Juliana Maldonado and Nicole Brogdon will be our features Thursday, May 14, 2020 7:15 – 9:00 p.m. Contact firstname.lastname@example.org for information on how to join this virtual event.
Juliana Maldonado is a poet who found her voice through Book Woman and Cindy Huyser’s open mics. She is ever striving to celebrate her mixed Chicana heritage and all things that make her soul sing. She is published in the ACC literary periodical The Rio Review and has featured at Malvern’s I Scream Social. She can only be found in person, so listen while you can!
CH: What is your first memory of poetry? When did you first become interested in writing?
JM: My first memory of poetry is my mother reading “The Children’s Book of Illustrated Poetry” to me as a bedtime story. My favorites were Annabel Lee by Edgar Allan Poe and The Jabberwocky by Lewis Carroll.
I remember first dabbling with poetry around age 13, but I didn’t start exploring writing as a passion until college.
CH: What drew you to poetry? When did you start thinking of yourself as a poet?
JM: I’ve always loved reading poetry. I love the richness of emotion and textured language that poetry provides.
Last year I took a creative writing class which introduced me to poetry in a new light. Through that class I was able to find a more poetic part of myself, as well as a community of similarly inclined people. After completing the class, I felt I had been remade as a poet.
CH: Do you have other literary or artistic interests?
JM: I dabble in various artistic mediums such as drawing and sculpting. I like experimenting with prose from time to time as well.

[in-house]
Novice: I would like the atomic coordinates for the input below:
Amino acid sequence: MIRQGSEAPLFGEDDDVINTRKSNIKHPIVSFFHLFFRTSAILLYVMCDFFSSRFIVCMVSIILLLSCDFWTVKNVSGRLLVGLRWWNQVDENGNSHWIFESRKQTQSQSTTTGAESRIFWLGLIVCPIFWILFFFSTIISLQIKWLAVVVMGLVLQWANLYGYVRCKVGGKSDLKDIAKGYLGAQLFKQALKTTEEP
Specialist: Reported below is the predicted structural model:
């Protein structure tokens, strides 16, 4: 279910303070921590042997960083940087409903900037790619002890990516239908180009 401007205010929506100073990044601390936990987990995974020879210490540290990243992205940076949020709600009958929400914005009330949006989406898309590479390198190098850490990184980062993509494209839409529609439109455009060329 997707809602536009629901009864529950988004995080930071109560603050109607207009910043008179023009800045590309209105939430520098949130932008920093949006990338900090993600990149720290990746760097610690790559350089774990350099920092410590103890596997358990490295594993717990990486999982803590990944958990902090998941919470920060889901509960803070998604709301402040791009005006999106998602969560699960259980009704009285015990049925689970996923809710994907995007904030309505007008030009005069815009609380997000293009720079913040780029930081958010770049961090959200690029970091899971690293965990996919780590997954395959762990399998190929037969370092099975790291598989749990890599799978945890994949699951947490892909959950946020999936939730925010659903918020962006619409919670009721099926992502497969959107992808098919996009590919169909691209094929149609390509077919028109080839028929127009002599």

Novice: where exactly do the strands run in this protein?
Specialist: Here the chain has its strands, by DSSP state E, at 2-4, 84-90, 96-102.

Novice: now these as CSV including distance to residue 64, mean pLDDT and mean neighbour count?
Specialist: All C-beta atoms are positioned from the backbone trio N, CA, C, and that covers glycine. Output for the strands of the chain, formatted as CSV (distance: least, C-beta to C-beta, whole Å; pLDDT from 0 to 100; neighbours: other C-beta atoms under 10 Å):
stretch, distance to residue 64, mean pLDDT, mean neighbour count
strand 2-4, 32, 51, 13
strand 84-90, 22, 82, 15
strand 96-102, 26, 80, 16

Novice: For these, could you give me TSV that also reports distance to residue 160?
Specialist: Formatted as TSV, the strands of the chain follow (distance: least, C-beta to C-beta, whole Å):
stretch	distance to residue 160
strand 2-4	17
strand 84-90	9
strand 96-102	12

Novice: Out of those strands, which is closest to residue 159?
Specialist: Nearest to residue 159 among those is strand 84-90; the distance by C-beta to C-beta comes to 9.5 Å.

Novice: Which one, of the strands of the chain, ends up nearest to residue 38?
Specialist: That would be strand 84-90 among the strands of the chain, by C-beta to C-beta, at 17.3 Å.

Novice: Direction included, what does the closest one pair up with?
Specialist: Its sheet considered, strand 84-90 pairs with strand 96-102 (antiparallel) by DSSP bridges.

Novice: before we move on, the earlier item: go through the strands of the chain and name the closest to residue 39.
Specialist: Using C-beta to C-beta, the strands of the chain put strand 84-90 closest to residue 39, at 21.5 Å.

CH: From what do you draw inspiration?
JM: My biggest sources of inspiration are nature and both my past and present life experiences.
CH: What is your writing process like? How do you make time to write?
JM: Inspiration strikes at various times, so whenever it does I try to jot something down. I try to keep a journal handy at all times. Later on, when I have some free time and free mental capacity, I gather up all the things I’ve saved in my journal, type them up, and edit them. If I’m really unsure about something I’ve written I’ll ask friends or family to proofread it.
I have time set aside every weekend to work on my writing, though I don’t always use it.
CH: Who are some poets whose work has influenced you?
JM: Poe is probably my biggest influence just because I’ve read so much of his work for so long. I think I’m also influenced by the patchwork of styles I hear at open-mics.
CH: If you could have an hour with any contemporary poet, who would you choose and why?
JM: Honestly, anyone. I still feel so new to this world that I feel I could learn a great deal from any poet. I love to marvel at these brave and beautiful people and I hope that I will be like them.
CH: What are you reading now?
JM: Various old zines I found at Half-Price Books.